Coupling Caps-Always The Same Value?

Discussion in 'Amps/Cabs Tech Corner: Amplifier, Cab & Speakers' started by skeeterbuck, May 8, 2015.

  1. skeeterbuck

    skeeterbuck Member

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    I'm working on an amp and thinking of raising the value of the coupling caps from the phase inverter to the output tubes. The current values are .02 uf. If I change them both to .047 and it adds too much bass, can I change one back to .02 and leave the other one at .047?

    Is there a reason that their usually always the same and if so what?

    Thanks!
     
  2. mark norwine

    mark norwine Member

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  3. skeeterbuck

    skeeterbuck Member

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    Thanks for the link Mark. What do you think about keeping both the same value?

    What would happen if I changed just one of them to maybe .01uf? Do you think that I would even be able to tell the difference?

    Thanks!
     
  4. diagrammatiks

    diagrammatiks Member

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    it really depends on the circuit.
    There's no reason to have both output coupling caps be the same value but since push/pull amps have each pair doing half the work, if one half is significantly different then the other half it could sound weird.
     
  5. jay42

    jay42 Member

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    Hmm...read Randall Aiken's article on blocking distortion.
     
  6. pdf64

    pdf64 Member

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    RC coupling doesn't just roll off low end, it also advances the phase around and below the break point, reaching a max of 90 degrees.
    If either side of the balanced pair are having significantly differing phase shifts applied, then when they are re-combined in the OT primary, there may be some cancellation (at low frequencies).
    So the power amp may be working hard driving into itself with little end result.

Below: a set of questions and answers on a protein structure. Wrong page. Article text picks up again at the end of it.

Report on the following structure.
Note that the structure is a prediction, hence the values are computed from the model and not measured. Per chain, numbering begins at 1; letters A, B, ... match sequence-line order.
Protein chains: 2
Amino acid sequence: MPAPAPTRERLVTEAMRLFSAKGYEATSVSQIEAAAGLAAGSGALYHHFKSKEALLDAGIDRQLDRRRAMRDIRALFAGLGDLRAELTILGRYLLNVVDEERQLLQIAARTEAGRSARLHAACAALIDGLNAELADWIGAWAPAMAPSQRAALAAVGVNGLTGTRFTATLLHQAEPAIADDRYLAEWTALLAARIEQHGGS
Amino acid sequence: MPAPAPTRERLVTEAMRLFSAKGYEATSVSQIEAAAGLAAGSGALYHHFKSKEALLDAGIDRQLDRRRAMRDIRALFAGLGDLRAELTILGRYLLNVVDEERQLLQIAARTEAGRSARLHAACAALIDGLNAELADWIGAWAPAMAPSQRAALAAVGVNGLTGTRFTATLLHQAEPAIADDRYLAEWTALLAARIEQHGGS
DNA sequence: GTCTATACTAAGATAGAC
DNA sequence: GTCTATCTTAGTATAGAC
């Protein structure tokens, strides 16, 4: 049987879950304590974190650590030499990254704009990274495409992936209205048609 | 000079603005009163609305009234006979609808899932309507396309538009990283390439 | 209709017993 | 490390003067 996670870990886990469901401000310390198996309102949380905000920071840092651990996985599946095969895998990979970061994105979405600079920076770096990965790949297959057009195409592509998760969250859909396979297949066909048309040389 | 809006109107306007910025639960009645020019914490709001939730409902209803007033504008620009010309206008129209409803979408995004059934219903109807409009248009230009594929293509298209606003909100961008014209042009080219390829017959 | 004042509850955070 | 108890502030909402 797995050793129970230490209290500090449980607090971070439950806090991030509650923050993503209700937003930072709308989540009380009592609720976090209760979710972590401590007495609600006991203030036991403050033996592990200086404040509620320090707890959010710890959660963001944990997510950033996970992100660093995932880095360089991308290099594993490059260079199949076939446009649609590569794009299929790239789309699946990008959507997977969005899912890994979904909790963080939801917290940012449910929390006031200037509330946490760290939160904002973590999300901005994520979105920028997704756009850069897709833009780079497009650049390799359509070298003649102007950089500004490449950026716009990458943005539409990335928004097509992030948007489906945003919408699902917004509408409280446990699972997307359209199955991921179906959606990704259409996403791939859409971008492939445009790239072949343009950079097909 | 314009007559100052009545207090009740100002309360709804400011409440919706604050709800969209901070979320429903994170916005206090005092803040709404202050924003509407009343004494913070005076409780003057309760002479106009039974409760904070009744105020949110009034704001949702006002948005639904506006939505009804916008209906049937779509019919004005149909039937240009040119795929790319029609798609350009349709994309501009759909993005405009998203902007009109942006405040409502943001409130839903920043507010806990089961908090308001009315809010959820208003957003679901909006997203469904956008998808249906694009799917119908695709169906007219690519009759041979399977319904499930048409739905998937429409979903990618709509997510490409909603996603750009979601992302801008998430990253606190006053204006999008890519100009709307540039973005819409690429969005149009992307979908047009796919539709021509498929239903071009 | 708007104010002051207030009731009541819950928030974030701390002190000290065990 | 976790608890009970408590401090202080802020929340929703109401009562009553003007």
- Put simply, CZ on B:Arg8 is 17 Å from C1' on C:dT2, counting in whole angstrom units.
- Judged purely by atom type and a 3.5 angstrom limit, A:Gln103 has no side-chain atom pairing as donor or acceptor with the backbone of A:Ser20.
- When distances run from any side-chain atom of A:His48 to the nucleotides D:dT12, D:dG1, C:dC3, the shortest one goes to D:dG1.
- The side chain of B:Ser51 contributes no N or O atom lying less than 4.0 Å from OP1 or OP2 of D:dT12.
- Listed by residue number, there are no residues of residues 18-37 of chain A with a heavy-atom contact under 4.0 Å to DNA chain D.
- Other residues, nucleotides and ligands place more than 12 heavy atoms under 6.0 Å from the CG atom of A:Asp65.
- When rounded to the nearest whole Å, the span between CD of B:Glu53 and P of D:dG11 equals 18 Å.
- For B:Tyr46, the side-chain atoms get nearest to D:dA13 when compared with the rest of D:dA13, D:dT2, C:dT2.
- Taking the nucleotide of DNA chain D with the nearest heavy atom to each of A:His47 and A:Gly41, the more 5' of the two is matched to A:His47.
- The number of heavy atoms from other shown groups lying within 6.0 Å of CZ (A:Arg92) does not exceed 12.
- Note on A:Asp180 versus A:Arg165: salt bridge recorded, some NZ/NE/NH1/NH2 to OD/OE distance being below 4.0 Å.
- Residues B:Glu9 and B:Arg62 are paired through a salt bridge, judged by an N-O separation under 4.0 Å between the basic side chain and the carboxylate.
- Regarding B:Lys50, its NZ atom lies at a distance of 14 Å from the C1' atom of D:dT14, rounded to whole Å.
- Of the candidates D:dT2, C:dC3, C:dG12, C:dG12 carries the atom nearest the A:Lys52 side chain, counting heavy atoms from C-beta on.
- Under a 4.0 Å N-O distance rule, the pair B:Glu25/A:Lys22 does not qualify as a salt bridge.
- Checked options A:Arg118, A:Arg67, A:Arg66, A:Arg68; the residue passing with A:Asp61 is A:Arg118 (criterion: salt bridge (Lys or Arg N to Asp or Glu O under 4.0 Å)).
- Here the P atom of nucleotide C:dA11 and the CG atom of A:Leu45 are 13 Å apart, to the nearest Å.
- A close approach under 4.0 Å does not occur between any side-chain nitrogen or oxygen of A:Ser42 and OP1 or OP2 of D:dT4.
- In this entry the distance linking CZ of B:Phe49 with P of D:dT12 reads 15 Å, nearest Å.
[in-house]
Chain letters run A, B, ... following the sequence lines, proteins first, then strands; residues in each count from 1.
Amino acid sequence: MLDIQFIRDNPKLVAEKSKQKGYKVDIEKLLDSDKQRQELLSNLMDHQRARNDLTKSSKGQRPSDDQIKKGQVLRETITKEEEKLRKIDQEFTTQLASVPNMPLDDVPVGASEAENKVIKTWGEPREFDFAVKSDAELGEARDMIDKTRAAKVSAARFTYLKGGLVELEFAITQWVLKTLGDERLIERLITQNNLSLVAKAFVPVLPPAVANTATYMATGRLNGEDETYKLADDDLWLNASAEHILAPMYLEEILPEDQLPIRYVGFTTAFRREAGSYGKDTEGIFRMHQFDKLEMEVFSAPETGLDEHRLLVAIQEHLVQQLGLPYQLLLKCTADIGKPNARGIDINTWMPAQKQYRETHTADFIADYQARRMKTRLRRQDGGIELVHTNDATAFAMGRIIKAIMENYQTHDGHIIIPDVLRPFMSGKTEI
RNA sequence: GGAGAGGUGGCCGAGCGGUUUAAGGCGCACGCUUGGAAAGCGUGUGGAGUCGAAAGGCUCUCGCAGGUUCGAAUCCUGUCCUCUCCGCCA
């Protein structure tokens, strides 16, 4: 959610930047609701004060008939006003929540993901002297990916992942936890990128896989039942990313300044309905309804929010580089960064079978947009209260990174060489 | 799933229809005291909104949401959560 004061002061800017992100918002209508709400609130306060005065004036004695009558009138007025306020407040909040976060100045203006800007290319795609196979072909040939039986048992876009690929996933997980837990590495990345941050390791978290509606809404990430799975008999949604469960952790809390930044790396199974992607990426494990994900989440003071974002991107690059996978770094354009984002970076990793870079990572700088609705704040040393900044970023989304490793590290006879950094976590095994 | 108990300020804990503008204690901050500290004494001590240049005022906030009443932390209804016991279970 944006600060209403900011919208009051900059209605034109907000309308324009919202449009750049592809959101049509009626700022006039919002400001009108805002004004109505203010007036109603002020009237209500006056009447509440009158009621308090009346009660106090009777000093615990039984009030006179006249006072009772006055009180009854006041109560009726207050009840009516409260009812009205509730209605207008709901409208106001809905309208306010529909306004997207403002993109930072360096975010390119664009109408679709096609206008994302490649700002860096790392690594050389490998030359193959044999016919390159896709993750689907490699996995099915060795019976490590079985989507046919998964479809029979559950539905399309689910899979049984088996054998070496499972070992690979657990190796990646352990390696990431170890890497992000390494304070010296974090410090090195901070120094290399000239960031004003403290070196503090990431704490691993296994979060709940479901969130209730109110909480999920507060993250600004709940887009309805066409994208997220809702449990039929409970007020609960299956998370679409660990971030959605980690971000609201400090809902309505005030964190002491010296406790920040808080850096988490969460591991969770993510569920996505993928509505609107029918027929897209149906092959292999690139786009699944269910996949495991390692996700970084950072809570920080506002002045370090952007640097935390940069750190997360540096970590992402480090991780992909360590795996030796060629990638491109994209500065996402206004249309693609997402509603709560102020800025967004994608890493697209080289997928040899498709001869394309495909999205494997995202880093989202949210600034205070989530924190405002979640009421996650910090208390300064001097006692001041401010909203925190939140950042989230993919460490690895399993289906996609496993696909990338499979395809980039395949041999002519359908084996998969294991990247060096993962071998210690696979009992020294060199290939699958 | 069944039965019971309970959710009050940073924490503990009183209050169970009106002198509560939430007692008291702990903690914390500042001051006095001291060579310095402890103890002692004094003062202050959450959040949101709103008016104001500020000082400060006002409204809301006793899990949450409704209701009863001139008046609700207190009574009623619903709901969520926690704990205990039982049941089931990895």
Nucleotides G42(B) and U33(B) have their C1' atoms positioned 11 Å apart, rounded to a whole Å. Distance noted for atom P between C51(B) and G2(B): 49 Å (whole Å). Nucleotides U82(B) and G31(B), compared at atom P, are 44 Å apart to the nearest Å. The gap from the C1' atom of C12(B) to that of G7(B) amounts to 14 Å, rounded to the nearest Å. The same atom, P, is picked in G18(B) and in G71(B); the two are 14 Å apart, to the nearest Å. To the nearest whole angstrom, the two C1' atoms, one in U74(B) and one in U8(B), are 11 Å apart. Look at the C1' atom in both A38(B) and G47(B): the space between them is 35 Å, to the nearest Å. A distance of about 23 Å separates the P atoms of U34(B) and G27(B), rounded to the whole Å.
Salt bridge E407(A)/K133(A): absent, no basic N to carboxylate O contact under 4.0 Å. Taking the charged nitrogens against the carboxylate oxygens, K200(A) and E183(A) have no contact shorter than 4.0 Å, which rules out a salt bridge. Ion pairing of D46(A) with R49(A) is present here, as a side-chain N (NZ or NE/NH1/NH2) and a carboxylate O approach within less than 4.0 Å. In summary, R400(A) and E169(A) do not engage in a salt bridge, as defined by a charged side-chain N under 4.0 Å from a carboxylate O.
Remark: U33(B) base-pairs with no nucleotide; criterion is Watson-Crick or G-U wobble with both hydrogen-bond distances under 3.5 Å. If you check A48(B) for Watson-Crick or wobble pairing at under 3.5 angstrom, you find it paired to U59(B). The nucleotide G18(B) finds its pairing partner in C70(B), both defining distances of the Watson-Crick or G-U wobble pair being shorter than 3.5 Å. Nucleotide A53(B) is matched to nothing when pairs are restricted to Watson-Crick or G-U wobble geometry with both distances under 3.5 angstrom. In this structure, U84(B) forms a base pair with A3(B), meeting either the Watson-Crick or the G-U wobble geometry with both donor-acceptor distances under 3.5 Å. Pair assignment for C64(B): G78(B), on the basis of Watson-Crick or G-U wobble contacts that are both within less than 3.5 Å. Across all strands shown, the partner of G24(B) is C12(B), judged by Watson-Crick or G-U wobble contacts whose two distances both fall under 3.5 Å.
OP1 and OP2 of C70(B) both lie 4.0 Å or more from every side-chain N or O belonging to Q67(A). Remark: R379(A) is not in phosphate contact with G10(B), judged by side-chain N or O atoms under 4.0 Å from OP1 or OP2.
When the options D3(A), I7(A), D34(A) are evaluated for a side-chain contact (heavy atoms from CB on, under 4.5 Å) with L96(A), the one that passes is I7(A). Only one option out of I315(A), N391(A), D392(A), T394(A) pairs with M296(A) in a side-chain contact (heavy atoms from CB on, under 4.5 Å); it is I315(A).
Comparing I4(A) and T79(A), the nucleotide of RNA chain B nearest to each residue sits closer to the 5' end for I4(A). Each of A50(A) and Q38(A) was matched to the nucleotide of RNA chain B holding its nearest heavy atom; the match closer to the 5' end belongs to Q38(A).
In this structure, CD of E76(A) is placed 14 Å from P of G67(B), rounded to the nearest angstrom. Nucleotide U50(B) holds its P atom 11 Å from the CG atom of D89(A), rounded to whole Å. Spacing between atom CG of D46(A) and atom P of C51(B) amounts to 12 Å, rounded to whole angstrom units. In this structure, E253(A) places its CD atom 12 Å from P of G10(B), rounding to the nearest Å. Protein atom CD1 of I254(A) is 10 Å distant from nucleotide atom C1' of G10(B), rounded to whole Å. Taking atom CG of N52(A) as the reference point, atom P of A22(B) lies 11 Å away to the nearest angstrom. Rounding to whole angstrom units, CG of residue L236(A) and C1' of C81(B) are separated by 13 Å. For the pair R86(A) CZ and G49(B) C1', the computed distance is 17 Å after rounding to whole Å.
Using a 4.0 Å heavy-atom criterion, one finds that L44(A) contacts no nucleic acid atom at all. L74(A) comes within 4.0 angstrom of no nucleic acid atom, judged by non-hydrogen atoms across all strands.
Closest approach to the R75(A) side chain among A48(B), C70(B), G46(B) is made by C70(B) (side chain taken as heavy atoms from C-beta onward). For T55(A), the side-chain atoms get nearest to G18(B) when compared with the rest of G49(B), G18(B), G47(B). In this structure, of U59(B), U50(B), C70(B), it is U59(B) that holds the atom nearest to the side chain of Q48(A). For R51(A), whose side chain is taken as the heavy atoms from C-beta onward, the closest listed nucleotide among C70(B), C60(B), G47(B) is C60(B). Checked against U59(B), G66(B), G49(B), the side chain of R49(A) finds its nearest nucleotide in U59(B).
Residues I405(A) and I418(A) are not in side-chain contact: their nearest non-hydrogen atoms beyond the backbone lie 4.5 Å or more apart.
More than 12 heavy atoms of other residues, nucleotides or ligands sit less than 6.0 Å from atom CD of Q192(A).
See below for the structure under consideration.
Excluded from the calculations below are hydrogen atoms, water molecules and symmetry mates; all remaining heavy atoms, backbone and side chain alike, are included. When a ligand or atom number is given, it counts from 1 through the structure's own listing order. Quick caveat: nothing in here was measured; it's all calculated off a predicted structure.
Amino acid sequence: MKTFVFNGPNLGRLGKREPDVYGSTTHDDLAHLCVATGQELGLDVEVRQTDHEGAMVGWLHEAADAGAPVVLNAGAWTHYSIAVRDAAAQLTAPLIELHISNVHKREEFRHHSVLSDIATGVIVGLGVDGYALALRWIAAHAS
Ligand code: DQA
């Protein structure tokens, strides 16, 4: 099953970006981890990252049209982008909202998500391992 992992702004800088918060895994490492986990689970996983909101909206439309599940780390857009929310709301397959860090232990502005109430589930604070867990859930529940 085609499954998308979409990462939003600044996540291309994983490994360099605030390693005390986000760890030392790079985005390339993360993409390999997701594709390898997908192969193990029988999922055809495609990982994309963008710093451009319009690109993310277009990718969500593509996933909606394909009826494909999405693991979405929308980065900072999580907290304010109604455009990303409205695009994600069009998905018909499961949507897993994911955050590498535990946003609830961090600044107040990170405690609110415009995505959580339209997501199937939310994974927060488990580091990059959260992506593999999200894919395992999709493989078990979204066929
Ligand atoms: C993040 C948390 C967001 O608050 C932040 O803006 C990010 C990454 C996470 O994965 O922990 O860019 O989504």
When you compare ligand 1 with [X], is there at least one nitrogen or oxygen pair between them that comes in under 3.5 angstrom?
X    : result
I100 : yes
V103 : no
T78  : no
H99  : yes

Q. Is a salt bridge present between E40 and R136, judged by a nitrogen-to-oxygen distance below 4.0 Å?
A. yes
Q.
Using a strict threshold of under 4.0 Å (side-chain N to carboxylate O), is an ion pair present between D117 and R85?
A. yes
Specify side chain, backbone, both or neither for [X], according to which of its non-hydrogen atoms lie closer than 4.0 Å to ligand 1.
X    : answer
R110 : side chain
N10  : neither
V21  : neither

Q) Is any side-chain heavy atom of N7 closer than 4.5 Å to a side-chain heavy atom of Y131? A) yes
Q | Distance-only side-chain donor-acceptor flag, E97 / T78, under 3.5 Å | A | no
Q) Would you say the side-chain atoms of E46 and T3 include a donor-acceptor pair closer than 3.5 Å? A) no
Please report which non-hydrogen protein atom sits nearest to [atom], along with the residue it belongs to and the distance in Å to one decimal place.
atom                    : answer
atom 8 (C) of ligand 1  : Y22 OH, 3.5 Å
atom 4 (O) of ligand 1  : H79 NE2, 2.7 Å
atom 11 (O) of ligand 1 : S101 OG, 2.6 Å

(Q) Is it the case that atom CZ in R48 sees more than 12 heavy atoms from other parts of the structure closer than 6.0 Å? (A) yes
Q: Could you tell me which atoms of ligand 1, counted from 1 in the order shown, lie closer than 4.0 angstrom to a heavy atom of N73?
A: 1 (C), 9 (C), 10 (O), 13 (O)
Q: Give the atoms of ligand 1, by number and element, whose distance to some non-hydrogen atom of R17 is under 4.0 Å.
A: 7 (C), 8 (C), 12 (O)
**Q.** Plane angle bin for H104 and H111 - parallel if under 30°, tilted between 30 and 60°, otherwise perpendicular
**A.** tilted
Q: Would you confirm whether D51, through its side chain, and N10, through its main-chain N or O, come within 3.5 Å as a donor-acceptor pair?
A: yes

7. J M Fahey

    J M Fahey Member

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    That's the point.
    Since in PP amps you first split the signal in 2 halves and reconstruct it at the end, in the center tapped output transformer, in principle you want perfect symmetry all along the way, or as close as you can get.
     
  8. skeeterbuck

    skeeterbuck Member

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    So if i'm reading you all correctly, it may make a difference, but it also may not. :huh

    I think to play it safe, if I do change them, I'll change to both to the same value.

    Thanks!
     
  9. donnyjaguar

    donnyjaguar Member

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    You can always increase the values of the resistors after the coupling capacitors to decrease your low-pass frequency. For instance you often see 220k and 270k values here. But you could just as easily use 470kΩ.

    The reality is however, the high-pass function of this circuit chooses values to keep lower frequencies out of the output transformer to begin with. These can sap-power, cause instability and generally not add much to the music.
     
  10. skeeterbuck

    skeeterbuck Member

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    Thanks for your input donny. So a higher value resistor after the cap reduces the bass response similar to increasing the cap value.

    I was curious to see what some other classic amps used. If I'm understanding correctly the Fender and Marshall designs are allowing the most lower frequencies to the output transformers.